All kids should love school.
Yes, they should.
But we all know that they don’t. In fact, many hate it.
By high school, many students have become disenagaged. And we’re losing some really bright minds along the way.
My friend Kelly and I have talked many times over the years about her son, Jake. For years now, Kelly has been frustrated—wondering how to support this boy she loves so much. Parent teacher conferences focus on what a great kid Jake is—how articulate he is, how full of enthusiasm about the stuff he loves. However…there’s the issue of not completing homework. And losing papers. And indecipherable handwriting. And occasional distractedness.
So, Kelly asked me. What should we do? Should we get him a tutor? A peer mentor who will help him create better homework habits?
Here’s how I see Jake. This is a kid who, at age 8, devised a trap for Santa. Wanting to get a glimpse of the elusive fat man, Jake created an elaborate trap with trip wires and bells. (It would have worked, too, if someone hadn’t tipped off Mr. Claus at the last moment.)
This is a kid who spends hours, days, months focused on projects that often involve digging up the yard and rigging contraptions. He contemplates problems and devises solutions. He’s curious and visionary. He tries, fails, learns and tries again.
And his grades are pretty lousy.
Does that add up?
So, what I told Kelly is this. If it’s a choice between better grades and his enthusiasm, joy, curiosity and creativity….well, the choice is clear, isn’t it?
This shouldn’t be a choice.
So, what can be done?
1) Ditch traditional HOMEWORK.
That doesn’t mean that kids don’t need to practice or that they don’t need to do work or thinking beyond the school day. Often, they do. But not always. Experiment with ways to balance practice, skill development and responsibility. Middle school math teacher Michelle Russell ended up doing this. What will you do differently?
2) Create choice boards for EVERYTHING…
…including the above-mentioned homework. While some may think they are better suited for elementary school, the truth is they work at all levels. I’ve worked with HS teachers to create summer reading choice boards (that included options for watching videos, listening to podcasts or audiobooks as well as space for student-created options). I’ve also used choice boards when creating professional development opportunities for teachers!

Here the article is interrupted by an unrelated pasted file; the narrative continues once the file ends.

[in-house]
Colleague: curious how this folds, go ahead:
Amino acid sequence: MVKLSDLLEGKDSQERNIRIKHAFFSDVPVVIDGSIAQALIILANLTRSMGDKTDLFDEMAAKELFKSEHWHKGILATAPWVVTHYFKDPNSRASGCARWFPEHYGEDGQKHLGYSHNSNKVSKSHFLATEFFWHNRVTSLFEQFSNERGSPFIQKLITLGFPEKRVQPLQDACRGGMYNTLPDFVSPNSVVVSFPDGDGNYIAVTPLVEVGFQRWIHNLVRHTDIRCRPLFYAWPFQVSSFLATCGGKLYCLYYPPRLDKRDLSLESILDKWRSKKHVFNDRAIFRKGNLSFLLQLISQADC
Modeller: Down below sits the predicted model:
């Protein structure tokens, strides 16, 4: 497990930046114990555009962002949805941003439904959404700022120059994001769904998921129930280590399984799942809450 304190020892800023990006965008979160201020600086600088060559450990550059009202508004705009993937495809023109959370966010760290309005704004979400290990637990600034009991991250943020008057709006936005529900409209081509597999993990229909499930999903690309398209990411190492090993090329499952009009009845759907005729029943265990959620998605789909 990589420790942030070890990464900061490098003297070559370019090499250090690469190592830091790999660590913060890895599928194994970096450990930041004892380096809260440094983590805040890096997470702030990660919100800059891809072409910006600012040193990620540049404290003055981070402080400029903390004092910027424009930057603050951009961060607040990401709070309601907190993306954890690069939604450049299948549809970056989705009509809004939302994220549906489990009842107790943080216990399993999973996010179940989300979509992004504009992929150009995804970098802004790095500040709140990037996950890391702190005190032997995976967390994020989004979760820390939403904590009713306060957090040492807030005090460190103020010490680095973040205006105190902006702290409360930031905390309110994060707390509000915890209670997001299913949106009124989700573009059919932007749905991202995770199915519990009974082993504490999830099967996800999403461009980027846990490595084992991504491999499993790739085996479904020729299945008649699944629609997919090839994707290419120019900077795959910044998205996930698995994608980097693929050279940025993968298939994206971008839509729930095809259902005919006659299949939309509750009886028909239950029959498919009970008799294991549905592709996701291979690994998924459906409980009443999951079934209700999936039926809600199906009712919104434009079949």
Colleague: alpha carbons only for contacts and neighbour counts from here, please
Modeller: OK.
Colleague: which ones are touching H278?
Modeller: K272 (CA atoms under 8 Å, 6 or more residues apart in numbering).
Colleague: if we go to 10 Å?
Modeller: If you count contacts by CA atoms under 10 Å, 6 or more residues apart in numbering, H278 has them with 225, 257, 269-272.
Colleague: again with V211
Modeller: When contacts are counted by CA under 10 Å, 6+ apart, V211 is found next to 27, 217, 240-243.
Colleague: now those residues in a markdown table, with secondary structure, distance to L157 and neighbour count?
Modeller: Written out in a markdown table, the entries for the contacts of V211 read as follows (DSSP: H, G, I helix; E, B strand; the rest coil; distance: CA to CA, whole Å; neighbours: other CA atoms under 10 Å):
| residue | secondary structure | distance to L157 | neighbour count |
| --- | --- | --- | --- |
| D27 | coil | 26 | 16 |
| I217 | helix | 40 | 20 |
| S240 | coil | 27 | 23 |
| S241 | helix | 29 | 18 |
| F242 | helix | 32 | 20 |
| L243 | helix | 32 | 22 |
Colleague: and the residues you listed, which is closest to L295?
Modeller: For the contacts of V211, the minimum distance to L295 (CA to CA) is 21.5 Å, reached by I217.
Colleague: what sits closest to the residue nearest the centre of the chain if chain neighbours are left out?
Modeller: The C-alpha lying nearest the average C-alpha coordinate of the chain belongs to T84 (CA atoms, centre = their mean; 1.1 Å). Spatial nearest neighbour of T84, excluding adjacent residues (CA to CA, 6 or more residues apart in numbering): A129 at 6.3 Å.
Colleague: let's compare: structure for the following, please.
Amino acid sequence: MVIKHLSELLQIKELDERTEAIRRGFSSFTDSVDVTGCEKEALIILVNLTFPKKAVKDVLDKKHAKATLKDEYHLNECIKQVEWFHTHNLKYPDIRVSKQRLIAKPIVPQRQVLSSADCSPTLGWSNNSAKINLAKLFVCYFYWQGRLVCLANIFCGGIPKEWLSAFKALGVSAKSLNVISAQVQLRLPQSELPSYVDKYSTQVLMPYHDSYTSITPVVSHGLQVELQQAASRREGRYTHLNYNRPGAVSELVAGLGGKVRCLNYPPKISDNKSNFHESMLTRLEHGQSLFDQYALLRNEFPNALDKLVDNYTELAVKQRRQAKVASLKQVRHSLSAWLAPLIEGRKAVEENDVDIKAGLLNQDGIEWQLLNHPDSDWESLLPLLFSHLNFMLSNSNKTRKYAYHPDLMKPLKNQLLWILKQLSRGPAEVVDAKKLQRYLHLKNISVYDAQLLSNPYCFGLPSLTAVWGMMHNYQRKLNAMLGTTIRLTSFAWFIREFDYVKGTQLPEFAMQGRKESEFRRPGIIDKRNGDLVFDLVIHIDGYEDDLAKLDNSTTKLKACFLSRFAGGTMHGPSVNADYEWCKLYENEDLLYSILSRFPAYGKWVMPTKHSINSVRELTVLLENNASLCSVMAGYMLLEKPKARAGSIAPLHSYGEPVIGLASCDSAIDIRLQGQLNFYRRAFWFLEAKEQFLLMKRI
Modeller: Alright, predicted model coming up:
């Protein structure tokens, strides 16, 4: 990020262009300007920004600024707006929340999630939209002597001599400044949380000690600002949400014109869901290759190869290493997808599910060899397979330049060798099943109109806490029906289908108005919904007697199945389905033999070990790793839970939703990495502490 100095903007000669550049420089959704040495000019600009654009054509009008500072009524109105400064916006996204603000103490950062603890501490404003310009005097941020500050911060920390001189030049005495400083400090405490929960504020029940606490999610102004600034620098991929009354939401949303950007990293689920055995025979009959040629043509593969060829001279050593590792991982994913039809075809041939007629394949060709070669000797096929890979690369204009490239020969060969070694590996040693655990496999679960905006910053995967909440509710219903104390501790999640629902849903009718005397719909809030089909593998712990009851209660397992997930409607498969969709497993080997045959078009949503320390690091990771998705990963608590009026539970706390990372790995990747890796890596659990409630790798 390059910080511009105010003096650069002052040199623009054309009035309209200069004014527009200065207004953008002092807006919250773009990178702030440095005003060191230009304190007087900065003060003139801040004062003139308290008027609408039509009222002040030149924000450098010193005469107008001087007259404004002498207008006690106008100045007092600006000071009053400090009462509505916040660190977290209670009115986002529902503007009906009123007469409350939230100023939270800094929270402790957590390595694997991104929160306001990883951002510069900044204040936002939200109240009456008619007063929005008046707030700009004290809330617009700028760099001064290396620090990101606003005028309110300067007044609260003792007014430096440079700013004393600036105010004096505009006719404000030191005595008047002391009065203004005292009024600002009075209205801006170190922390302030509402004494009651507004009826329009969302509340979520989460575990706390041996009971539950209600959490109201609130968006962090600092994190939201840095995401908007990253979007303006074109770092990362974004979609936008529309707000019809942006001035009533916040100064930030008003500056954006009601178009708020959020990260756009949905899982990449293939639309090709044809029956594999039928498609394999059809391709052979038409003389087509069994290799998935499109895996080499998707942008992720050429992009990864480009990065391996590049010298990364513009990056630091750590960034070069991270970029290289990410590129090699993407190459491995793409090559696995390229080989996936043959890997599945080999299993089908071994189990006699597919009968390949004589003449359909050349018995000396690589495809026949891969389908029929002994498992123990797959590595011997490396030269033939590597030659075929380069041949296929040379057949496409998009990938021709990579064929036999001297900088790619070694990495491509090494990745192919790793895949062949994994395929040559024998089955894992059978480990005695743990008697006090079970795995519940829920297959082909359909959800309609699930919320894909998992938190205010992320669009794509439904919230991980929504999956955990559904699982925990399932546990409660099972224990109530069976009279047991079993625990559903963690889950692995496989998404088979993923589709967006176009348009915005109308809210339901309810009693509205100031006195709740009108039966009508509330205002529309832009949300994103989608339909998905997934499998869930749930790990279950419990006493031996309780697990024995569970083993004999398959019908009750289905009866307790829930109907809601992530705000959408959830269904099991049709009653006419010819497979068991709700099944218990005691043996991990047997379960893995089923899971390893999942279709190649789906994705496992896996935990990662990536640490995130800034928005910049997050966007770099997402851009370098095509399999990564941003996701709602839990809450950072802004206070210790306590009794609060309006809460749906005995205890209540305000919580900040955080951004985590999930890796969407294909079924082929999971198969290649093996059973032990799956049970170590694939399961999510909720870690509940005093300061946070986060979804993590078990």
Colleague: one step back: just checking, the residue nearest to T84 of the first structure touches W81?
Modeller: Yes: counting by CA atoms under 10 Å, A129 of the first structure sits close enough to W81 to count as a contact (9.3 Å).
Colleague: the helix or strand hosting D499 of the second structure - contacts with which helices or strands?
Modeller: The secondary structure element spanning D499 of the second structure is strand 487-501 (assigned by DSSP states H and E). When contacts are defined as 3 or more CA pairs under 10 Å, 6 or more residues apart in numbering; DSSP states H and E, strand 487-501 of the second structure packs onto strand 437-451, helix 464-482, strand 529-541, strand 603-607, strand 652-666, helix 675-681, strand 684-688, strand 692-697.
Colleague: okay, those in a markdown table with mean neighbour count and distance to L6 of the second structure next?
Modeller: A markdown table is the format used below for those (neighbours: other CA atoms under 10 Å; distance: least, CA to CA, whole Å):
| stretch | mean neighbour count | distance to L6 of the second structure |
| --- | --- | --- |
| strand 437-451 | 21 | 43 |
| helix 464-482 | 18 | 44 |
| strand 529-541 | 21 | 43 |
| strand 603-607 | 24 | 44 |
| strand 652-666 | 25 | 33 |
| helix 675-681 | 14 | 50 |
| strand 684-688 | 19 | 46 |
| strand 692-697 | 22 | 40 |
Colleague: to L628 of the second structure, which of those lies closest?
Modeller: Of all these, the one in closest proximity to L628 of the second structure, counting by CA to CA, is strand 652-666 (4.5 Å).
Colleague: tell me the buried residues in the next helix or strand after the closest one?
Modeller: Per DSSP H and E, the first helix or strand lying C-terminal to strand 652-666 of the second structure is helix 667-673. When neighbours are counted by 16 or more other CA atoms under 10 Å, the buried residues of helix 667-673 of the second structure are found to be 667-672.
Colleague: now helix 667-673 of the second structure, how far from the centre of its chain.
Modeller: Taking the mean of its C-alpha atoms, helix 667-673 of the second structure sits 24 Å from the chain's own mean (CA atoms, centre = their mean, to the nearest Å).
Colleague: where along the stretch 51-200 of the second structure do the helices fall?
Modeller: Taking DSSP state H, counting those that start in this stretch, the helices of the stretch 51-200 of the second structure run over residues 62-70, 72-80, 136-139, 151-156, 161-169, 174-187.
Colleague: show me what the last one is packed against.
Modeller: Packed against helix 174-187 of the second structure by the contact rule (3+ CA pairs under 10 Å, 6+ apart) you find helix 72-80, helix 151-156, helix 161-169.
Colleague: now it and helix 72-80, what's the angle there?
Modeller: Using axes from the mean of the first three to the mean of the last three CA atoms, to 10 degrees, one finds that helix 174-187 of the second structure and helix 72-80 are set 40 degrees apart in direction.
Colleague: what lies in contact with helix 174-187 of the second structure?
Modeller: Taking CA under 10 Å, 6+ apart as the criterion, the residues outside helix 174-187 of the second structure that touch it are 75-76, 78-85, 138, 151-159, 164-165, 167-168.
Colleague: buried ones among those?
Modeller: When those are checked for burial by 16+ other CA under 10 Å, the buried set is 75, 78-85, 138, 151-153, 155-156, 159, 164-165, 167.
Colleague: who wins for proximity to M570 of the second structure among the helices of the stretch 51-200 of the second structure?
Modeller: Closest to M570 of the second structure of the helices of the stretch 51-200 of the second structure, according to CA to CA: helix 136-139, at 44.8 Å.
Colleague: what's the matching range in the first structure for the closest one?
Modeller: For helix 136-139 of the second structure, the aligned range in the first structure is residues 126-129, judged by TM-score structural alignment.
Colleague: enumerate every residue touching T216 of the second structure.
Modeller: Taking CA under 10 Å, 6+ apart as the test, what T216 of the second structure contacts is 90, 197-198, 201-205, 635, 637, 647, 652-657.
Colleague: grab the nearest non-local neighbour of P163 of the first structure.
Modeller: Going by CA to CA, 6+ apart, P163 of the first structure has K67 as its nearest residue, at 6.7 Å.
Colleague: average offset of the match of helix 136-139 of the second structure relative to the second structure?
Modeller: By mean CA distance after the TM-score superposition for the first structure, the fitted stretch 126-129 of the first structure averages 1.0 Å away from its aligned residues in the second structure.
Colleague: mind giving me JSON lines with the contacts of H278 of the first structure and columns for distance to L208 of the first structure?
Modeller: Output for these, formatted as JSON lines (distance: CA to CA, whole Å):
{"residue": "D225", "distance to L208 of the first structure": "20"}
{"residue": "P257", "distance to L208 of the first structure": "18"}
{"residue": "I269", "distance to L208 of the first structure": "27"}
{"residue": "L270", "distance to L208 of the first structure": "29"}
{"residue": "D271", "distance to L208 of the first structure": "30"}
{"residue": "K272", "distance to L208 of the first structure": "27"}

Kasey Bell shared some choice board ideas on her site, Shake Up Learning.
3) Have students reflect and self-assess ALL THE TIME.
Here’s my Smiley Face Self-Assessment. Don’t be fooled by the name—this isn’t just for young learners. A colleague adapted this for use with his AP Physics classes—with great success.
4) Show parents your syllabus/course overview.
Ask for feedback about projects, assignments, their child’s response. (I included a more detailed, teacher-facing overview template in my last post.)
5) Remember your WHY.
Why do you do this work? Why do you teach? What do you want your legacy to be?
Here are some hints:
YOU are preparing students for a future you cannot fully imagine or appreciate. Therefore, YOU need to create the conditions where they will learn how to learn. YOU have complete control over whether students are cognitively engaged, thinking hard and working with enthusiasm.
For more thoughts about this, see the awesome Catlin Tucker’s post about Articulating your Why
All kids can love school. All kids can learn deeply and joyfully every day. So can you
*Names have been changed